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Originally published January 17, 2014 at 5:44 AM | Page modified January 17, 2014 at 7:06 PM

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Target breach appears to be part of broader scam

The security breach that hit Target Corp. during the holiday season appears to have been part of a broader and highly sophisticated scam that potentially affected a large number of retailers, according to a report published by a global cyber intelligence firm that works with the U.S. Secret Service and the Department of Homeland Security.


AP Retail Writer

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NEW YORK —

The security breach that hit Target Corp. during the holiday season appears to have been part of a broader and highly sophisticated scam that potentially affected a large number of retailers, according to a report published by a global cyber intelligence firm that works with the U.S. Secret Service and the Department of Homeland Security.

The report, made public Thursday by iSight Partners of Dallas, offers more insight into the breach at Target. That attack affected 40 million credit and debit card accounts and led to the theft of personal information, including email addresses and names, of as many as 70 million customers.

The report said that a malicious program vacuuming personal data from terminals at store check-out stations was "almost certainly derived" from BlackPOS, a crude but effective piece of software that contained malware scripts with Russian origins.

"The use of malware to compromise payment information storage systems is not new," the report said. "However, it is the first time we have seen this attack at this scale and sophistication."

Starting in June, iSight noticed the malicious software codes on the black market, the report said.

Criminals bought the original malware on the black market and then created their own attack method to target retailers' terminals at store checkout stations, iSight Partners' CEO John P. Watters said.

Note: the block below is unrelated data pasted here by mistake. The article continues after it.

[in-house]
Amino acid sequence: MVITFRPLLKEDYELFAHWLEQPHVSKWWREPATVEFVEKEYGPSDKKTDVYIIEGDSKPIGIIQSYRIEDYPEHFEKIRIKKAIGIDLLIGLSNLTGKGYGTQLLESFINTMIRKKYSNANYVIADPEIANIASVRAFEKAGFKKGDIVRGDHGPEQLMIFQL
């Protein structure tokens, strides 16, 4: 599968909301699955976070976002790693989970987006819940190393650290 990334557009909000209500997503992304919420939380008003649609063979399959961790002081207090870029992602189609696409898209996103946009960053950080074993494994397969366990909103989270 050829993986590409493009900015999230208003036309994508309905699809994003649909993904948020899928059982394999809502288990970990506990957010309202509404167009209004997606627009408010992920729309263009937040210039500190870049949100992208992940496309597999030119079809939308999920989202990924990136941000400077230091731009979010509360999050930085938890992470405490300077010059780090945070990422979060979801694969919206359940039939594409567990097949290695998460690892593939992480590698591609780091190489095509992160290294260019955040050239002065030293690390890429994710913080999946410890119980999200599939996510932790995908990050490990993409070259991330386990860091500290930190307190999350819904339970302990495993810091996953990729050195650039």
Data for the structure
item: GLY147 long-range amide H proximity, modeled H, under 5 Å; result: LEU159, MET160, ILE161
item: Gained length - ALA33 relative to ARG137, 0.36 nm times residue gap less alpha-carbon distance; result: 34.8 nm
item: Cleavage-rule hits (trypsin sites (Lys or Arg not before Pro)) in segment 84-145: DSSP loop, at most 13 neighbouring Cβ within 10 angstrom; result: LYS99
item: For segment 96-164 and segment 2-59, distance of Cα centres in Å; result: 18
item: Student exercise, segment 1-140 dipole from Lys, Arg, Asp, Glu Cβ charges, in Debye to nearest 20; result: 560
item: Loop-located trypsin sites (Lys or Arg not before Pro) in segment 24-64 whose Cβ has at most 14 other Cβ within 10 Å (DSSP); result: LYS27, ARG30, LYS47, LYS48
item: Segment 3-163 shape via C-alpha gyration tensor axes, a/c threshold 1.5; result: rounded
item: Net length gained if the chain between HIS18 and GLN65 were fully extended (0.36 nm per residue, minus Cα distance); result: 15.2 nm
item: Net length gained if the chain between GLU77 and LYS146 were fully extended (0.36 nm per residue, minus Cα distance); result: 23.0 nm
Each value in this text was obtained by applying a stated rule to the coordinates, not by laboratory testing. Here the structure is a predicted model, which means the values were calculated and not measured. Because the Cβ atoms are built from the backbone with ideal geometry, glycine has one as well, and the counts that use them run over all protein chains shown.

"It's less about the malware, but more about the sophistication of the attacks," Watters said in an interview with The Associated Press.

The report noted that because this kind of software can "cover its own tracks," it's not possible to determine the scale, scope and reach of the breach without detailed forensic analysis.

"Organizations may not know they are infected," the report said. "Once infected, they may not be able to determine how much data has been lost."

Last week, Neiman Marcus said thieves stole some of its customers' payment information and made unauthorized charges over the holidays. At the time, it said that was working with the Secret Service on the breach.

The iSight report doesn't list the names of retailers and the intelligence firm says it can't discuss whether the malicious software specifically affected Target, Neiman Marcus and other retailers. However, the report offers the latest evidence that the attacks on Target and Neiman Marcus are related and that other retailers may have been victims of a broader data scheme.

Molly Snyder, Target spokeswoman, said that the retailer did not have any details to share on the report at this time.

Neiman Marcus Group said Thursday that, to its knowledge, customers' Social Security numbers and birthdates were not stolen in the security breach.

The luxury retailer, based in Dallas, also confirmed that customers who shopped online do not appear to have been affected, and said personal identification numbers, or PINs, were never at risk because the retailer does not require PIN pads in its stores.

Neiman Marcus's spokeswoman Ginger Reeder declined to say how many people were affected by the scam, noting that the investigation is still ongoing.



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